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Robotics vs. laparoscopy: Investment priorities may be changing

March 11, 2013    | Comments (5)

Becka DeSmidt

With such a hefty price tag attached to the da Vinci robot, many hospitals we work with wonder: How many of the 450,000 robotics procedures performed in 2012 alone were worth the additional cost?

High cost, little gain in robotic hysterectomy case

When compared to open surgery, minimally invasive techniques require smaller incisions and lead to shorter hospital stays, less postoperative pain, and faster recovery for patients.

Recent research published in the Daily Briefing uses the example of benign hysterectomies to assess the impact of the robot on patient outcomes compared to laparoscopy—both minimally invasive techniques, but one vastly more expensive than the other.

Unfortunately, the study found that despite higher costs, the robot did not confer significant clinical advantages in the cases considered.

Study conclusions

The study’s conclusions look bad for the robot. However, there are exceptions to this discouraging outlook for robotic hysterectomies. Some procedures do improve patient outcomes when switching from open surgery to the robot, and certain patients with comorbidities or especially challenging anatomies may benefit more from robotic procedures.

Why continue to invest?

Despite the negative press on the effectiveness of using the robot, we see hospitals continuing to market this technology for three reasons:

  • Physicians are coming out of residency trained in robotics and many require it as a condition for practicing at a hospital.
  • Hospitals feel that if they do not have the robot, they will be left behind.
  • For procedures that are currently done openly, it can make a big difference. Providers should prioritize these procedures over procedures already done laparoscopically.

Impetus for investing may soon change

As hospitals become more focused on finding cost-effective patient care alternatives, the robot may become a less attractive investment. Intuitive Surgical is still pushing the robot into new areas, such as general surgery, but these efforts may be met with scrutiny.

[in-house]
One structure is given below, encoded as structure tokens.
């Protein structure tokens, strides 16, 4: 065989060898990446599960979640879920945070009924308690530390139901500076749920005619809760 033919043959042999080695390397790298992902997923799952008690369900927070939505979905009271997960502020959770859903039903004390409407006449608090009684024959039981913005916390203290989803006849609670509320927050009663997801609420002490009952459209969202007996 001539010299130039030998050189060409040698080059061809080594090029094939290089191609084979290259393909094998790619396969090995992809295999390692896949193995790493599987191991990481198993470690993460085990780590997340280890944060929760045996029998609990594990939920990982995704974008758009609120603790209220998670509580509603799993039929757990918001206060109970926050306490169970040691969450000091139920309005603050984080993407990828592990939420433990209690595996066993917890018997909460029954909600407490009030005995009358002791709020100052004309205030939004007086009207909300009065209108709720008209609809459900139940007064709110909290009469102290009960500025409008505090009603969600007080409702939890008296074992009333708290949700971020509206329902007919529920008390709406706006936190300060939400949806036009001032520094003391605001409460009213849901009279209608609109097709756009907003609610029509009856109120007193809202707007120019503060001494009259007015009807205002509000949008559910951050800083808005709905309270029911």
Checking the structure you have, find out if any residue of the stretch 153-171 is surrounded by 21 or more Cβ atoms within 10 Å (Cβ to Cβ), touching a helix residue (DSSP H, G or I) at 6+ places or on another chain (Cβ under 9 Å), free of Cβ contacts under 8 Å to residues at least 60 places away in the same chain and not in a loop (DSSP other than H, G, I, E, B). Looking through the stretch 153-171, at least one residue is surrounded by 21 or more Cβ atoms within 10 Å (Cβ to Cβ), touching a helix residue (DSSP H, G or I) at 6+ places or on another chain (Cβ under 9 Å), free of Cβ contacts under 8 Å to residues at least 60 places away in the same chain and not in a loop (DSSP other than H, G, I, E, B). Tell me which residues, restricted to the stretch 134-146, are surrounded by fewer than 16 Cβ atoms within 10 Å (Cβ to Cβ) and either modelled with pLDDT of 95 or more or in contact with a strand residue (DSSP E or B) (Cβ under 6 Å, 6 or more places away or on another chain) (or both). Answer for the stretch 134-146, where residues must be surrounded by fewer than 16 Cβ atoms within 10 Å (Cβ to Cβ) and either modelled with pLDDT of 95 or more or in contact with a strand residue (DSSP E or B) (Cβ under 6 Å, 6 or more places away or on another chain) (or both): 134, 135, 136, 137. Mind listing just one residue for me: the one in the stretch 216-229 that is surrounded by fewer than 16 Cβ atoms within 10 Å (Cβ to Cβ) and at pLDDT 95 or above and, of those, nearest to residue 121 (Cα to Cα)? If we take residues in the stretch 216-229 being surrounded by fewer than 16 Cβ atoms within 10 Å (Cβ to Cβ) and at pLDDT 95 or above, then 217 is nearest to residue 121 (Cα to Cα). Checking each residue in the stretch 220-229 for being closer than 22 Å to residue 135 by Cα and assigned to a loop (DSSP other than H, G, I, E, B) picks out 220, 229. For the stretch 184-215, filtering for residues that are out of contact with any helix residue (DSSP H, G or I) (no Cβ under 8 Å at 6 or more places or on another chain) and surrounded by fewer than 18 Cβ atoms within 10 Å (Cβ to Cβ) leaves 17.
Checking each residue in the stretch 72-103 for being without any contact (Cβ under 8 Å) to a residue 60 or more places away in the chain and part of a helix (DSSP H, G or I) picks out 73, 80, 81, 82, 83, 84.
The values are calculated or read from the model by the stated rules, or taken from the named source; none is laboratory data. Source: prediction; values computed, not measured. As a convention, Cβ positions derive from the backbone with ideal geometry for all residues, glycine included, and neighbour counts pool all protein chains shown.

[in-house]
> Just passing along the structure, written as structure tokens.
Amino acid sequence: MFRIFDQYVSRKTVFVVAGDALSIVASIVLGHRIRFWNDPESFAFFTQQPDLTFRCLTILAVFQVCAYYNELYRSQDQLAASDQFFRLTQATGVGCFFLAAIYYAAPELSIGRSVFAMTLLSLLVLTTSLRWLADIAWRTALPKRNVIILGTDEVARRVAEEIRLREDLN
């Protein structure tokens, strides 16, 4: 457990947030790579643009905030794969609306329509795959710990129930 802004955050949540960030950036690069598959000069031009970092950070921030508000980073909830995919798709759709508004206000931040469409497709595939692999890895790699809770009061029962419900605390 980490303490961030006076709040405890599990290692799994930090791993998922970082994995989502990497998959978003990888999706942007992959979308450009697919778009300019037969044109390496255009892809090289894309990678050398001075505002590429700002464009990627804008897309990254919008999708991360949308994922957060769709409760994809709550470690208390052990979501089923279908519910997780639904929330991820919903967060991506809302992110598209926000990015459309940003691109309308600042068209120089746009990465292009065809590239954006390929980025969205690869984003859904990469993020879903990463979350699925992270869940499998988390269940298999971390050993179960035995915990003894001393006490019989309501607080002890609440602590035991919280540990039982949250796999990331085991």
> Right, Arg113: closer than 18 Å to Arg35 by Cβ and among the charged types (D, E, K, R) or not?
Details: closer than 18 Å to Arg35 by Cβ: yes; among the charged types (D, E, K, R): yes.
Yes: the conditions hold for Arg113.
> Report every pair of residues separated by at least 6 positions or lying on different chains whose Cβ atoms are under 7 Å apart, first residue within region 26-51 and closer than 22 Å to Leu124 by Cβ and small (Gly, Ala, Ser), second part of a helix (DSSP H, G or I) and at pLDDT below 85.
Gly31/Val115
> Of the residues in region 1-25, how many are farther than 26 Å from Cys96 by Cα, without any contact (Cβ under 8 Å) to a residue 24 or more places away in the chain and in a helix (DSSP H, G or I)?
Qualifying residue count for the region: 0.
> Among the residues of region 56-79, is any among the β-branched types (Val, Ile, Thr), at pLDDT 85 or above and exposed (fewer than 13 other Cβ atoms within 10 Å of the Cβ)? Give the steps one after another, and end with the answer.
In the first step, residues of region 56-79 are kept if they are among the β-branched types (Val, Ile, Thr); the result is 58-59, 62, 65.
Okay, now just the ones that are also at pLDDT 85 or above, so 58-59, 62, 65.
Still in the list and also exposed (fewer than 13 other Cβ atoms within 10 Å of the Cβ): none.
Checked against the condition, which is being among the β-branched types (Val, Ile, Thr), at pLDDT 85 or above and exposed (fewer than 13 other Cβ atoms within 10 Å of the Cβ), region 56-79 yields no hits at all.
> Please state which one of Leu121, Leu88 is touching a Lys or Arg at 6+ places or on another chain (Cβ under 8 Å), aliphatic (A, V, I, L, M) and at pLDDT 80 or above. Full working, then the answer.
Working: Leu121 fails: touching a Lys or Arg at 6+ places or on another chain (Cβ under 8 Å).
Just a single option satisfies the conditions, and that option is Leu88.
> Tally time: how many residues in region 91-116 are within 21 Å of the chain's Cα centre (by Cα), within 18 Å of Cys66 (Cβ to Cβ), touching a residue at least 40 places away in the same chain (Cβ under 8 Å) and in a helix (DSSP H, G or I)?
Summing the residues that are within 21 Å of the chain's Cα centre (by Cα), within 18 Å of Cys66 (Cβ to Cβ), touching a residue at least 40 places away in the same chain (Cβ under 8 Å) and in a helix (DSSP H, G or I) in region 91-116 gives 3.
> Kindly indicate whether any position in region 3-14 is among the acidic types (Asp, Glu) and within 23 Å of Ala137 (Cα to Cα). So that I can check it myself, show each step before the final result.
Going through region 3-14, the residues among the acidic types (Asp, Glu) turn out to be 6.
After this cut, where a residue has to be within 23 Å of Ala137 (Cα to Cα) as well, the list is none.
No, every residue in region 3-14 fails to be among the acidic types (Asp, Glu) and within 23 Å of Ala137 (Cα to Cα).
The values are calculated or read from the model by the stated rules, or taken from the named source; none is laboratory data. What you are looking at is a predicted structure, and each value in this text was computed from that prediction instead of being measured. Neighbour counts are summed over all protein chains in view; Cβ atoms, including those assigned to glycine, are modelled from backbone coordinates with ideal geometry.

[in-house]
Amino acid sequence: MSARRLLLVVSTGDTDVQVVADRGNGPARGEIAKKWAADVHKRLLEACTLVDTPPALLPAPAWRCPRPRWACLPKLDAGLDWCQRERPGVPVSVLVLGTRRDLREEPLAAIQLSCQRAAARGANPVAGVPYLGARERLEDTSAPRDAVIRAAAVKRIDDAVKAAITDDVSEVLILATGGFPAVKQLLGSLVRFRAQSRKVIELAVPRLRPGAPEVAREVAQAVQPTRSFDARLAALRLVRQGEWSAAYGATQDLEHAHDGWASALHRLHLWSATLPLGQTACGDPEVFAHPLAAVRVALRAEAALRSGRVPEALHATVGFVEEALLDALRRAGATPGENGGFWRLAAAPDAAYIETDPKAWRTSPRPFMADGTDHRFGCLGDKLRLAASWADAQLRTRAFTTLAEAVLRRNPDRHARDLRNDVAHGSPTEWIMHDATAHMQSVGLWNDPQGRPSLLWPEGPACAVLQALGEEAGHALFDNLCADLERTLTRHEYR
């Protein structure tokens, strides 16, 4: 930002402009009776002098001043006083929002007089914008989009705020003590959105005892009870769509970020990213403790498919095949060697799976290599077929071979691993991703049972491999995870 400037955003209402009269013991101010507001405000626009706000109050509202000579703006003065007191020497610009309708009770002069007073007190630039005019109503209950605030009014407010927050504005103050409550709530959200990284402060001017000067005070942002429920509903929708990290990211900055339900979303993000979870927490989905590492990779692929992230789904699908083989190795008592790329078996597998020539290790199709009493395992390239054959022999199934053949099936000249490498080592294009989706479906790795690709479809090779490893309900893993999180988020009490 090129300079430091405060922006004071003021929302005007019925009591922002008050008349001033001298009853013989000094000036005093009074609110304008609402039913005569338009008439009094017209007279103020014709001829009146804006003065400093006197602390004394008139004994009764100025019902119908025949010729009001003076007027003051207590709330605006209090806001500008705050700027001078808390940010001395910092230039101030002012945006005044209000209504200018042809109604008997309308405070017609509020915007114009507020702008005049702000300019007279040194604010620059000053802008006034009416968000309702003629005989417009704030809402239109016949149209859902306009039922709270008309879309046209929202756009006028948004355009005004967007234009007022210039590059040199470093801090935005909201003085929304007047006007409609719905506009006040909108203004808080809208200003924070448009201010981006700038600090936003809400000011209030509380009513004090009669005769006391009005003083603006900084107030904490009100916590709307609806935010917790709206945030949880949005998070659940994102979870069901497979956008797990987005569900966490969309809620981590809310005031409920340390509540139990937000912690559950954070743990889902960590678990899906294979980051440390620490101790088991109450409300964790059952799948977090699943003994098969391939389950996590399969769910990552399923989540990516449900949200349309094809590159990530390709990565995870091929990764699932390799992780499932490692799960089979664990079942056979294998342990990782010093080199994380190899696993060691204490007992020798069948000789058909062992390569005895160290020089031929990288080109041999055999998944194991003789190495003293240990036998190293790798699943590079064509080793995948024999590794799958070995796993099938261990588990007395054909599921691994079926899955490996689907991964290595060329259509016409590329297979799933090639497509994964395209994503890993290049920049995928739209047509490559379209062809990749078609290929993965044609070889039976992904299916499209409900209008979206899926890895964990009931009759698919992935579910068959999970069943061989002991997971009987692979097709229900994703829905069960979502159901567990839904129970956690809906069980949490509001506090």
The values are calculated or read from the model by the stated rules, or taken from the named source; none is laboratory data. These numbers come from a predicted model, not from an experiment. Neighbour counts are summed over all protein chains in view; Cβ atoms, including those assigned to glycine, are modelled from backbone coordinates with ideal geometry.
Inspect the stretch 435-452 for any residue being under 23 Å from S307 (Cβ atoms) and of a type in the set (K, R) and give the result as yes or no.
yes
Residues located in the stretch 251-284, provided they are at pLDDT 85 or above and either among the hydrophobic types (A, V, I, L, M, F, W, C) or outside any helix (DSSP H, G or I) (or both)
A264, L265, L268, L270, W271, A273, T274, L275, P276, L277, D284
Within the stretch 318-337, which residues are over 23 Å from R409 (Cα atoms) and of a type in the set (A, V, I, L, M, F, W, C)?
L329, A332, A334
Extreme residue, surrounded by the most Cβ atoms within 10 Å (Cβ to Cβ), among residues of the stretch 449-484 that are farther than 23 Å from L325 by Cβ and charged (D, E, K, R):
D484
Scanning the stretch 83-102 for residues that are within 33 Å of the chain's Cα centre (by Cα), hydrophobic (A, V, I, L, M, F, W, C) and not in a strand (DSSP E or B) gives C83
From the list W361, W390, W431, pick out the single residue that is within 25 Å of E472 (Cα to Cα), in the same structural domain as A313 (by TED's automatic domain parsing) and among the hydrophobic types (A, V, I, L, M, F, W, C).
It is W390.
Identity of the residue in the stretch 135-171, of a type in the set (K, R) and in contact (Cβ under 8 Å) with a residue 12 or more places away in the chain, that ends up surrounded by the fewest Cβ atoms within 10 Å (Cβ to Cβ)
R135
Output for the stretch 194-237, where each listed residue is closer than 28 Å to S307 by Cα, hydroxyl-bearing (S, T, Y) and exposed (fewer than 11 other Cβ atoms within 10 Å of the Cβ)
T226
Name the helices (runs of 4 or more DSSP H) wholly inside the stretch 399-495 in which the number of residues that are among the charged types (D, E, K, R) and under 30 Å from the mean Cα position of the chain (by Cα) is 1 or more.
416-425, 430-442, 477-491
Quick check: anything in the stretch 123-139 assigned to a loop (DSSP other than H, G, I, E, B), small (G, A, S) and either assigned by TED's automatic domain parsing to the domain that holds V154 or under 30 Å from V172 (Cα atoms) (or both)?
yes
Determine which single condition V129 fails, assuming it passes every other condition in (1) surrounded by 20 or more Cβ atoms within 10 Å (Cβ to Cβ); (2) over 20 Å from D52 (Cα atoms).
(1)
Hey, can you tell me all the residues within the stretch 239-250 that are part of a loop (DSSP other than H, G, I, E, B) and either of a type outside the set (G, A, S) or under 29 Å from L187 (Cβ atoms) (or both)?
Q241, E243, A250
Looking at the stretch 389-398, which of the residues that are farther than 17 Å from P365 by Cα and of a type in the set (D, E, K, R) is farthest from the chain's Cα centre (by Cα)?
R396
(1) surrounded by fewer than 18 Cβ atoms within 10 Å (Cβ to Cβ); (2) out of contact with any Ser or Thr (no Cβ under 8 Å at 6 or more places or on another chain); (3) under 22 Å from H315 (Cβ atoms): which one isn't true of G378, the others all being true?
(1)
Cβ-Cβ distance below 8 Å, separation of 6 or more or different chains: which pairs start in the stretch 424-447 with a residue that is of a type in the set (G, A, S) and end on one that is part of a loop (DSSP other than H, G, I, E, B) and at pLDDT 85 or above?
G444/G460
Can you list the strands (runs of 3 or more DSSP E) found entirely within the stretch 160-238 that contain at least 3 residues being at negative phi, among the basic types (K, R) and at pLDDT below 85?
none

Many general surgeons already perform procedures laparoscopically and are less interested in switching over if there is not a clear benefit to their patients.

Many members have recently expressed skepticism toward investing, and administrators are not as willing to bend to physician demands as they have been in the past. However, da Vinci sales are growing, albeit at a slower rate, indicating that hospitals haven’t yet made the shift away from robotics.

Where Does Your Facility Stand on Robotics?

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Posted in: Service Lines, Clinical Research, Clinical Technology

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What Your Peers Are Saying

Rating: | Jacques de Toeuf | June 25, 2013

High costs for minor or no patient benefit.
But marketing reasons prevailed on EBM data.

Rating: | Phyllis Youngblood | May 28, 2013

My current facility owns 7 DI Vince Robots. Physicians who have been well-trained ( fellowship programs) or have performed large numbers of procedures with the robot, have excellent clinical outcomes. The same is true with expert clinicians who use an open approach. The outcomes of the surgery are more dependent upon the skill of the surgeon rather than the surgical modality.
At an ACCC fall conference in 2010, one urologist, Dr. Raj Langani, presented data that showed the cost of a robotic prostatectomy in his community hospital was actually more cost effective than the open procedures, when surgery volumes are high. The clinical outcomes were superior to the national norms for both open and robotic cases.

Rating: | Rod Hayhurst | April 08, 2013

We currently utilize an S platform robot - almost exclusively for Gyn and Urology cases, some General - and are actively evaluating for replacement/upgrade to the single port Si platform. Big price tag - with little trade-in value for the perfectly working old. Subject to same sales dynamics as mentioned above & in comments.

Rating: | Ann Gantzer | March 13, 2013

We are actively involved in trying to determine the feasibility.

Rating: | Kenneth Natzke | March 12, 2013

This subject really speaks to the worst of the U.S. healthcare system. Too many hospitals have been pulled into providing this service by the likes of Intuitive Surgical because Intuitive wants to sell product and once the competition starts facilities are afraid to be "left out". Surgeons are subject to the same forces. This is so unfortunate because robotic surgery is more expensive, more time consuming, and frankly leaves more scars than good laparoscopic surgery. Robotic surgery has its place;however, the sales machine has pushed the envelope so far patients are not being well served.

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